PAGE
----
It is public knowledge that many African Americans have their ancestral roots in Nigeria. A novel theory has been proposed by scholars to explain the variances in African ancestry in the Americas and how these variations were influenced by the transatlantic slave trade and subsequent intra-American slave trade, the effects of which were just recently realized.
Over 12.5 million slaves were transported from Africa to the Americas during the transatlantic slave trade, with about 3.5 million coming from Nigeria. People of Nigerian descent still practice elements of their ancestral beliefs and rituals today, mostly in Brazil, Cuba, and Jamaica. African Americans’ genetic origin in Africa is clearly supported by the historical evidence, according to a DNA analysis of a sample taken from this population.
Between 1515 and 1865, it is thought that 12.5 million Africans were brought to the Western Hemisphere. The Caribbean and Latin America were where the vast bulk of them landed. Only 3 to 5 percent of passengers reportedly disembarked in North America’s continent. The DNA study adds details to this historical record, though.
The consumer genetics company 23andMe conducted the study, which involved the DNA of 50,281 persons of African origin in the United States, Latin America, and western Europe. The historical records of more than 36,000 transatlantic slave trade voyages that took place between 1492 and the early 19th century were compared to the genetic data.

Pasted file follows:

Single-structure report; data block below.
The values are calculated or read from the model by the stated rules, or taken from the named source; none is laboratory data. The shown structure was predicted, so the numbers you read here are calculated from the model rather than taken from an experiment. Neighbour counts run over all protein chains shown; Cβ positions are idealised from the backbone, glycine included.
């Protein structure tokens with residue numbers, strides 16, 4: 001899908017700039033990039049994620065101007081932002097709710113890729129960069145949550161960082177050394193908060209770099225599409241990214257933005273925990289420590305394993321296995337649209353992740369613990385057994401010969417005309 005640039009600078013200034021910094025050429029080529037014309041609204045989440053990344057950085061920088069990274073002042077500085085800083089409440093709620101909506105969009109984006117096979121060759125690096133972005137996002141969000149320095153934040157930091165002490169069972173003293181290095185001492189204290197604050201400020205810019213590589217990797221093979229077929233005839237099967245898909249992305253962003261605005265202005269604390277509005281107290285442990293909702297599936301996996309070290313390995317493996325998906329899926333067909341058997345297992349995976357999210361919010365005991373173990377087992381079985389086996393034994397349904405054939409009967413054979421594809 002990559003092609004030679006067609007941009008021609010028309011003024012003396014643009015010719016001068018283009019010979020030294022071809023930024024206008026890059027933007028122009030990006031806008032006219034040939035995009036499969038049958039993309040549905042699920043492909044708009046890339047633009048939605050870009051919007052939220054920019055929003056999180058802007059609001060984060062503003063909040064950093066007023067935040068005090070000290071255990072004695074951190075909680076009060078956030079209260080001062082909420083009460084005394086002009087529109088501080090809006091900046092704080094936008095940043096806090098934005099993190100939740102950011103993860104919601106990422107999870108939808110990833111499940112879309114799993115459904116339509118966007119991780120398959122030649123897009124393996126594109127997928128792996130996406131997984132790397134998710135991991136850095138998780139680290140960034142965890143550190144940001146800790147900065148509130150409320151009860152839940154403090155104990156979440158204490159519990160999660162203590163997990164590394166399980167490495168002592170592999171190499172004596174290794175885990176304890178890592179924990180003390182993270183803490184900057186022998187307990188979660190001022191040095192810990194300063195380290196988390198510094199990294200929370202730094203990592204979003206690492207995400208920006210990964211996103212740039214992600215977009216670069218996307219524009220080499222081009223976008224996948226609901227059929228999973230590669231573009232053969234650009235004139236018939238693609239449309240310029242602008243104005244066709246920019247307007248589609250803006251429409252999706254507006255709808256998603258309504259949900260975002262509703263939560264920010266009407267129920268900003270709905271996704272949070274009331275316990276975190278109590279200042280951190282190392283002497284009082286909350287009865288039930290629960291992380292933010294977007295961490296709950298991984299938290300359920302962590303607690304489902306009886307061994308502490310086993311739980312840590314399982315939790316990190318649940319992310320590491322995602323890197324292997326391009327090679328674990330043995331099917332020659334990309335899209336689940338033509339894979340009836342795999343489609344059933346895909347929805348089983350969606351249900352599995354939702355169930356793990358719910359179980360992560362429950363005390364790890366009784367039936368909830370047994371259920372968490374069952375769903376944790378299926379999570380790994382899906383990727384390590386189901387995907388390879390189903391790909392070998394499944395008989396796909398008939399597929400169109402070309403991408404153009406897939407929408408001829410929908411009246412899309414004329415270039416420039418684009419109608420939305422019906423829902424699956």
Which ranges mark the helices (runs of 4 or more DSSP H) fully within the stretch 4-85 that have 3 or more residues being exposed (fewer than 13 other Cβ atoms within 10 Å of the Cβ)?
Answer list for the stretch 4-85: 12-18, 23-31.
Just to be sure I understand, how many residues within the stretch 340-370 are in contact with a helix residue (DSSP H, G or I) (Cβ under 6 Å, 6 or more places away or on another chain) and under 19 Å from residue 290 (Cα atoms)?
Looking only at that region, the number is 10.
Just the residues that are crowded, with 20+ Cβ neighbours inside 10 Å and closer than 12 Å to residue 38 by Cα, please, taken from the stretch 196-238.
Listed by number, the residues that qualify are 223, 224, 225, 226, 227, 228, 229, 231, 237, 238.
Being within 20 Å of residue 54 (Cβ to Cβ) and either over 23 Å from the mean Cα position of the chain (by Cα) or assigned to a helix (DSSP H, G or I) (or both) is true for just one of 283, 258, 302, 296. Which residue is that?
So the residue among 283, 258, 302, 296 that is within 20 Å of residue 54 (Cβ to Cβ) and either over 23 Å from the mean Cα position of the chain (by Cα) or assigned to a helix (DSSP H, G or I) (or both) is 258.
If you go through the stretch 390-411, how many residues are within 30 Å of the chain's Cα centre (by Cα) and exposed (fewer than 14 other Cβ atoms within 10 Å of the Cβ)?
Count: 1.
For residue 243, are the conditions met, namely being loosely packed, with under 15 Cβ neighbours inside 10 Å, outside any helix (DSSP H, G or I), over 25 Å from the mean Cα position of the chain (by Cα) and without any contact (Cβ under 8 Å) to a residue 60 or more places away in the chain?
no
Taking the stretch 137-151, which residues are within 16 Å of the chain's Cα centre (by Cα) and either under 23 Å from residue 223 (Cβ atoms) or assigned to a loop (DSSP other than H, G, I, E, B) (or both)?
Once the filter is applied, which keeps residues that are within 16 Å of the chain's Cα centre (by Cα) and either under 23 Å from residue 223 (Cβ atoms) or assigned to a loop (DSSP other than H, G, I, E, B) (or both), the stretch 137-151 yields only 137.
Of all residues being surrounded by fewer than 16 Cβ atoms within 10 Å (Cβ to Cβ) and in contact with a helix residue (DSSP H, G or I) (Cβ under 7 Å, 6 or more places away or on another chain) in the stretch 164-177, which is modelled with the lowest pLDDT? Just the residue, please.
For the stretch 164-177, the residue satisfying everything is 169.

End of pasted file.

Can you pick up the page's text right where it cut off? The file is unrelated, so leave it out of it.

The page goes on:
Genetic investigations in the past have demonstrated that African ancestry among African Americans in the U.S. is primarily from people that lived close to modern-day Nigeria rather than from populations that resided elsewhere in Atlantic Africa, including Western and west central Africa. The study also mentioned that Americans, people from the French Caribbean, and those from the British Caribbean all have Nigeria as their most common heritage.
This is in spite of the fact almost half of the slaves who landed in the United States came from Guinea, Guinea-Bissau, Gambia, Senegal, Angola and the Democratic Republic of Congo. Some of the other half came from Ivory Coast and Ghana.
Many African Americans would come to have Nigerian ancestry because of the later intra-American slave trade between the British Caribbean and the mainland Americas.
According to cfr.org, “a significant number of slaves landing on the North American mainland came from the Caribbean, rather than directly from Africa. Some may have been trafficked through the English possessions in the Caribbean from Africa to North America. Others may have been enslaved on Caribbean plantations, and only later were they, or their children, trafficked to North America.”